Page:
Therefore, while I will rebut Searle’s CRA, I do want to point out that it is not actually necessary, as far as I can tell (I accept that a reformulation of the argument may reinsert relevance of the CRA to the notion). Searle’s CRA, even if in the future is definitively shown to be true, does not disprove that intelligence, or even artificial intelligence, cannot be produced from computation alone. It proves only that the CRA is not a successful implementation of an artificial intelligence.

Rebuttal 2: The room is not a computational intelligence (strawman of the CRA)

The point of the CRA is that it presents a system which exhibits what would seem like intelligence based on computation alone, but when it is revealed how the system actually operates, it should become intuitively obvious that the system itself is not intelligent (this has been attacked as an appeal to intuition fallacy in the CRA [7,8]).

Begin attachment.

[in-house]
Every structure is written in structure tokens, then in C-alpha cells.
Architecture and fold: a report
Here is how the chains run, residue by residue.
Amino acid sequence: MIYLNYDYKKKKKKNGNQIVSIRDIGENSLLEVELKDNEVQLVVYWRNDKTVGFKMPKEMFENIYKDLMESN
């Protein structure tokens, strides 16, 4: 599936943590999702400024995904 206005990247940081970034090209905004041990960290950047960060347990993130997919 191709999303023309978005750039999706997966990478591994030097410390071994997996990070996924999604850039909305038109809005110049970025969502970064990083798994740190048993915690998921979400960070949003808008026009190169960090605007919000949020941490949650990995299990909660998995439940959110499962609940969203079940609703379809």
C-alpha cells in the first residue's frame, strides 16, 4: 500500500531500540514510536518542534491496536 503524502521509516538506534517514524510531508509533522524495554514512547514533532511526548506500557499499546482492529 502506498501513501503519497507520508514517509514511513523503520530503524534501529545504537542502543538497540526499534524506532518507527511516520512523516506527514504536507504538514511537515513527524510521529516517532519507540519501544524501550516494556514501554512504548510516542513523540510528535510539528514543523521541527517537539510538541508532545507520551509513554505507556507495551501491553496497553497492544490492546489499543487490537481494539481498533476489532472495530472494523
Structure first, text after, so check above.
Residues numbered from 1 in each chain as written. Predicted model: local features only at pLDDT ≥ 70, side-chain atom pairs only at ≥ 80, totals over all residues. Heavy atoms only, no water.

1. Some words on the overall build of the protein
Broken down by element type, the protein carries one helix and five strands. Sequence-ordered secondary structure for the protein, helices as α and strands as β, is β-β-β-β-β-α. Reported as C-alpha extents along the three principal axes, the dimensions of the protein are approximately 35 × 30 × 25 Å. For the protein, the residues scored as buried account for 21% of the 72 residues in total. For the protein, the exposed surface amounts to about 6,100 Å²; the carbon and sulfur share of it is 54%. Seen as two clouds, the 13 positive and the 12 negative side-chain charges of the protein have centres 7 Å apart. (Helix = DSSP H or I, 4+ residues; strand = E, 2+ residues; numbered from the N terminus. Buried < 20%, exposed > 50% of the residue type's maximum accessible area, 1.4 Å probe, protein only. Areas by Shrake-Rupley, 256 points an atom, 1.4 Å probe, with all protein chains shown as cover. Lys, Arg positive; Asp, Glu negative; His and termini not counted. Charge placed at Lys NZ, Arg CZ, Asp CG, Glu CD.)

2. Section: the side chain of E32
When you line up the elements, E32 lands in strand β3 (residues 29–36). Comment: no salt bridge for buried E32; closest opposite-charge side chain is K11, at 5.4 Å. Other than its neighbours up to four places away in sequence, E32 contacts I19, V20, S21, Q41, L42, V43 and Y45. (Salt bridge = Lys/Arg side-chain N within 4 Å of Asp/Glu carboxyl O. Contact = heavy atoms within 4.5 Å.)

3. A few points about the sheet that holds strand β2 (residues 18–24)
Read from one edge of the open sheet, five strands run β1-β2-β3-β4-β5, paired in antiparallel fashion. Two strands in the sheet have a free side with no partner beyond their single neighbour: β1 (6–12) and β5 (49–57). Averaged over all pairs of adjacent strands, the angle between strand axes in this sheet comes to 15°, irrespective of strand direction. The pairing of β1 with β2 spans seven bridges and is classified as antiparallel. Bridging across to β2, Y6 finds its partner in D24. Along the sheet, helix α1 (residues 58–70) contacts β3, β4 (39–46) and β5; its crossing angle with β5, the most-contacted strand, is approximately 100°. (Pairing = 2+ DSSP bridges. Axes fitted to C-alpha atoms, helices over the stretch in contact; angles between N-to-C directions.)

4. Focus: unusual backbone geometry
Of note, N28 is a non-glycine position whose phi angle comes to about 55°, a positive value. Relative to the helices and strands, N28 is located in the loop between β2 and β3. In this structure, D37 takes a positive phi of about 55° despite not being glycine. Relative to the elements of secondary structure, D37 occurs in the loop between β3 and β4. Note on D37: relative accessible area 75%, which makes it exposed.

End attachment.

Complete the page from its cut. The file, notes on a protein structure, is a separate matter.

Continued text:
However, the system does not exhibit properties of intelligence in the first place, as it is an entirely syntactic system. The room, as you have presented it, is only able to respond in one given way depending on the input, which it must have a preprogrammed response for. It cannot respond to novel inputs, change its responses over time, or interpret two different sentences to have the same meaning.

Since we have programs which can actually model semantic information [3,4,5] in language and generate novel responses to novel questions, as well as change its responses over time, (A1) in Pro’s post is a questionable premise, and the CRA as Pro has presented it is no longer relevant, even if we do not realize it is a strawman to begin with.